Estoy de acuerdo. Creo que el italiano es el más hermoso de todos los idiomas (desde luego, depende de quien lo hable).

[I agree. I believe that Italian is the most beautiful of all languages (of course, it depends on who speaks it).]
Gjones2   Fri Jul 29, 2005 6:38 am GMT
>"Llanhyfryddawelllehynafolybarcudprindanfygythiadtrienusyrhafnauole" [Adam]

That Welsh name is longer than what's sometimes reputed to be the world's shortest short story (The Dinosaur by Augusto Monterroso). Here it is in its entirety:

"Cuando despertó, el dinosaurio todavía estaba allí."

One possible translation: "When he awoke, the dinosaur was still there." Don't ask me what it means. :-)
Damian yn yr Albaen   Fri Jul 29, 2005 7:46 am GMT
**Pwllheli - it is "per-thelly."**

Way way off beam, mate! ... nothing like're taking the piss here aren't you....a Taff would laugh in your face.

The "-thelly" a Sassenach you'd say it to rhyme with belly wouldn't you? Aye? I thought so.....

LL in Welsh......simply place tip of tongue behind the front of your top teeth and blow out very gently. Result...the Welsh LL. my Welsh mate Andrew says. A Welsh bloke with a Scottish that's what I would call the Celtic brotherhood, ADAM. It's a shame you have the same name as the "First Man" gives you some sort of exalted status. :-(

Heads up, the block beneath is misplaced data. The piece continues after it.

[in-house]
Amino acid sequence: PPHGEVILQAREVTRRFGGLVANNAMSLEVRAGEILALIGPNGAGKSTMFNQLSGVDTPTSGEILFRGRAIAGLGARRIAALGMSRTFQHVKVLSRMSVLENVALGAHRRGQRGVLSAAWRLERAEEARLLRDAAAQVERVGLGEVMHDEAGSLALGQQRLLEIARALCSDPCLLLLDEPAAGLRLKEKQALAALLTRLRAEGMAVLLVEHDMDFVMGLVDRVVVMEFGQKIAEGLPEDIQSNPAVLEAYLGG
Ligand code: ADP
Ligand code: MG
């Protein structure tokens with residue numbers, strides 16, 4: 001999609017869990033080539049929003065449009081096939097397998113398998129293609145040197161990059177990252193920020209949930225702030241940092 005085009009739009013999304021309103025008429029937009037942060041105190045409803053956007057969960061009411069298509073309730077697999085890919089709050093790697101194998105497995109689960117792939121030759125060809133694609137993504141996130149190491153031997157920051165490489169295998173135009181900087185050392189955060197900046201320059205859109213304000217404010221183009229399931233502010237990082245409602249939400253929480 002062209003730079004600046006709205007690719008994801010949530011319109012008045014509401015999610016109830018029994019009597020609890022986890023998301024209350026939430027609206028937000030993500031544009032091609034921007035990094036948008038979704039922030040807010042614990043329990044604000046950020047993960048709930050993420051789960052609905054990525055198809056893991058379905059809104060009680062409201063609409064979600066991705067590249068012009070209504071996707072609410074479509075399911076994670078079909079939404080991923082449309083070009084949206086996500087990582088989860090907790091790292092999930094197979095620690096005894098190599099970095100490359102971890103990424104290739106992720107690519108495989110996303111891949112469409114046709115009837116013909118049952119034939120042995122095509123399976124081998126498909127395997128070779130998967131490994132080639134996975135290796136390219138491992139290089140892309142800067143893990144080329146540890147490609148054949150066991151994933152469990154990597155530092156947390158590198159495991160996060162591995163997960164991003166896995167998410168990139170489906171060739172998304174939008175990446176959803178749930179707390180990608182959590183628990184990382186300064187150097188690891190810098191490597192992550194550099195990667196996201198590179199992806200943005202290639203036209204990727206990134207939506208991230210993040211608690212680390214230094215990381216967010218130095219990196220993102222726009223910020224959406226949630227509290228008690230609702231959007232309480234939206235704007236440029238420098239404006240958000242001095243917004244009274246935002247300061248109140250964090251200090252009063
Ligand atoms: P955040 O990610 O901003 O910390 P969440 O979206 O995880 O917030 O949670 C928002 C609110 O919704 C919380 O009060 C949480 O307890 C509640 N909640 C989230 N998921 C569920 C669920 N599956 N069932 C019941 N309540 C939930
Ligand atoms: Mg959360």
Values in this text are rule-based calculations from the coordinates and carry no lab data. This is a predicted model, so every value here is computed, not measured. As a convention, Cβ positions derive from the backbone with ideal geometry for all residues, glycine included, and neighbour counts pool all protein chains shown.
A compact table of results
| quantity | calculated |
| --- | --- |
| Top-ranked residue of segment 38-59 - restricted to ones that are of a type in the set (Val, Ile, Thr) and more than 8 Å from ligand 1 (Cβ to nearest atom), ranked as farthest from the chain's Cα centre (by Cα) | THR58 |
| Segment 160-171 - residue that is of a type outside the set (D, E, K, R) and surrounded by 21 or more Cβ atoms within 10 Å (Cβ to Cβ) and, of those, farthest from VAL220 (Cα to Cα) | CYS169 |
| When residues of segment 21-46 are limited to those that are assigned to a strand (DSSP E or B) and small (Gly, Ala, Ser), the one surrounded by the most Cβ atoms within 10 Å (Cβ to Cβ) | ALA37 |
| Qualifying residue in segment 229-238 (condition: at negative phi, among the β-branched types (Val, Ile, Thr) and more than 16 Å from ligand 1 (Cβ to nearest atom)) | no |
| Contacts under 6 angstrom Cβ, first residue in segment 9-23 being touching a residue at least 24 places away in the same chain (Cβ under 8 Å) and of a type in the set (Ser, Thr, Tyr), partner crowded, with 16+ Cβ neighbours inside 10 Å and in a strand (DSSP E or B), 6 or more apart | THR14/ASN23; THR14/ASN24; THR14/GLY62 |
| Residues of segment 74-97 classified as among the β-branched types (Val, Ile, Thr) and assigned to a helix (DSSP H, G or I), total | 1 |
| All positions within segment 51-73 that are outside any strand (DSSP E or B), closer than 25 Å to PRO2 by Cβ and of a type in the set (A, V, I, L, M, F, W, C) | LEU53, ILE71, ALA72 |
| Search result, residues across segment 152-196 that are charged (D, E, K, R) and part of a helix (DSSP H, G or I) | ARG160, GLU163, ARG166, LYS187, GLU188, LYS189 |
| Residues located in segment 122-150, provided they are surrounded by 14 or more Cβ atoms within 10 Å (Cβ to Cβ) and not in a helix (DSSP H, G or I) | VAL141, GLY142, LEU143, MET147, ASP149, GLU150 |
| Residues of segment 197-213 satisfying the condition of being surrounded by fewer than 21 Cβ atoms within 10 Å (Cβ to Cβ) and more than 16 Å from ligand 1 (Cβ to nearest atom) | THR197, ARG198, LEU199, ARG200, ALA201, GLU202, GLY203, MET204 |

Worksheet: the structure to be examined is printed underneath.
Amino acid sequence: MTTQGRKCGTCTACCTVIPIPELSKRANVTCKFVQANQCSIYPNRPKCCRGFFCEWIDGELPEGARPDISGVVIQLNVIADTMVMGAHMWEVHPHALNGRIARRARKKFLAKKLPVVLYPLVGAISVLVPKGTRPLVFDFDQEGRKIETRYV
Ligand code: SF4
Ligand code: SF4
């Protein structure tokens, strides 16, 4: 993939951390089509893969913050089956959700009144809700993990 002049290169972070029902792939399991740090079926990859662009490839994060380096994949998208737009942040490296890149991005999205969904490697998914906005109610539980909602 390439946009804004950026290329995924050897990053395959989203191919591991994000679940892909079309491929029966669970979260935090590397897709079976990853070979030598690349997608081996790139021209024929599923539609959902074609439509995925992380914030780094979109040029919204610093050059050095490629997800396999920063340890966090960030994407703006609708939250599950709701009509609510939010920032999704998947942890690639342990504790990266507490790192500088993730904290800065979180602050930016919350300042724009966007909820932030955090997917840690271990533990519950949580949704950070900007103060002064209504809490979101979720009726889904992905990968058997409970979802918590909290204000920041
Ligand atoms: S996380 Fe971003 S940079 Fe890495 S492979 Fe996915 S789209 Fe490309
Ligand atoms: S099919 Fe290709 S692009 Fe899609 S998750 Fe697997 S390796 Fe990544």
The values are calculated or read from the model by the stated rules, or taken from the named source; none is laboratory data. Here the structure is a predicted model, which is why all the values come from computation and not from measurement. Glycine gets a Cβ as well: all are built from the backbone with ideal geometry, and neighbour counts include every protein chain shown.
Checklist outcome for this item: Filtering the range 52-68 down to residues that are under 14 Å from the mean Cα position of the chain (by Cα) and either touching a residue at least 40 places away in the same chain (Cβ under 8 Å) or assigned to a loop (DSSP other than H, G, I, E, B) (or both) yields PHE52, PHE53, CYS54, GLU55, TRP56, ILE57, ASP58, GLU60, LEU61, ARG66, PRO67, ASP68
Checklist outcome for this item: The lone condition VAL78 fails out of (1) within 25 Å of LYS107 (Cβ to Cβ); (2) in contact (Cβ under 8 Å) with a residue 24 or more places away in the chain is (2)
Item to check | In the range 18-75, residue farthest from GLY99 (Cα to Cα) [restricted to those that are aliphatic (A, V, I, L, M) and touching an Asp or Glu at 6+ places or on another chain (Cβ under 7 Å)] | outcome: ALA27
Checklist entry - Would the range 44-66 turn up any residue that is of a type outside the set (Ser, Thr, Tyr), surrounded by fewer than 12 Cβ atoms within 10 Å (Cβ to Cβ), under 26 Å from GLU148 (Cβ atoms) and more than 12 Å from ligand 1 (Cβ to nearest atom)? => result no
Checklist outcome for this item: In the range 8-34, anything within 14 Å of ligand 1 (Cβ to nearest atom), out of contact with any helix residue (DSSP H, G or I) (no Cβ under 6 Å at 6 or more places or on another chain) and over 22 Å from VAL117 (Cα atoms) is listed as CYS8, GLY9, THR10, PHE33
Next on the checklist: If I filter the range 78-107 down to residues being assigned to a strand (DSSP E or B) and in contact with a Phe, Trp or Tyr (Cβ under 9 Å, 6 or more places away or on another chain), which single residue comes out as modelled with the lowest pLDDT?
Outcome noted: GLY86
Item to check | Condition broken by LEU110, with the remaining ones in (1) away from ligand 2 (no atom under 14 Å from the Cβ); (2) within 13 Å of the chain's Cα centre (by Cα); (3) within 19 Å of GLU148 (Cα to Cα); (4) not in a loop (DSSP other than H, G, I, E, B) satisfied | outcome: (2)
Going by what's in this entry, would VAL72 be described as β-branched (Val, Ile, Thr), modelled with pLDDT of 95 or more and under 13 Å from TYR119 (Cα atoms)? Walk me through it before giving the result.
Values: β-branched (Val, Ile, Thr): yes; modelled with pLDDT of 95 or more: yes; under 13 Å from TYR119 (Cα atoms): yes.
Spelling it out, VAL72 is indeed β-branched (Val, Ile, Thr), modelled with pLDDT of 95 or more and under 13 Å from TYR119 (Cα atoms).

Andrew lives in a small village called Llanfairmathafarneithaf..have a bash at that, ADAM the Sais. Of course there's a Celtic brotherhood, dumbwit. It's not just Welsh places names your English brethren fuck ought to hear what a pig's ear they make of that fair wee place just across the Firth in the Kingdom of Fife...Auchtermuchty.'re priceless!....don't ever change. :-)
Damian in Edinburgh   Fri Jul 29, 2005 12:48 pm GMT
I got it wrong according to my mate Andy!

ADAM...I'm sorry!

Corrigendum:'s the "Pwll" bit that has the Welsh LL sound. The "heli" bit does rhyme with "belly" apparently.

As I say to get the sound right place tip of tongue against the centre of your top teeth, between teeth and palate, and blow. Then you can't help get the dead right sound. It helps if you have a good supply of saliva but be careful not to expel it at the same time! Welsh people are not in the habit of showering others as they talk. :-)
Lazar   Fri Jul 29, 2005 9:42 pm GMT
<<That Welsh name is longer than what's sometimes reputed to be the world's shortest short story (The Dinosaur by Augusto Monterroso). Here it is in its entirety:

"Cuando despertó, el dinosaurio todavía estaba allí.">>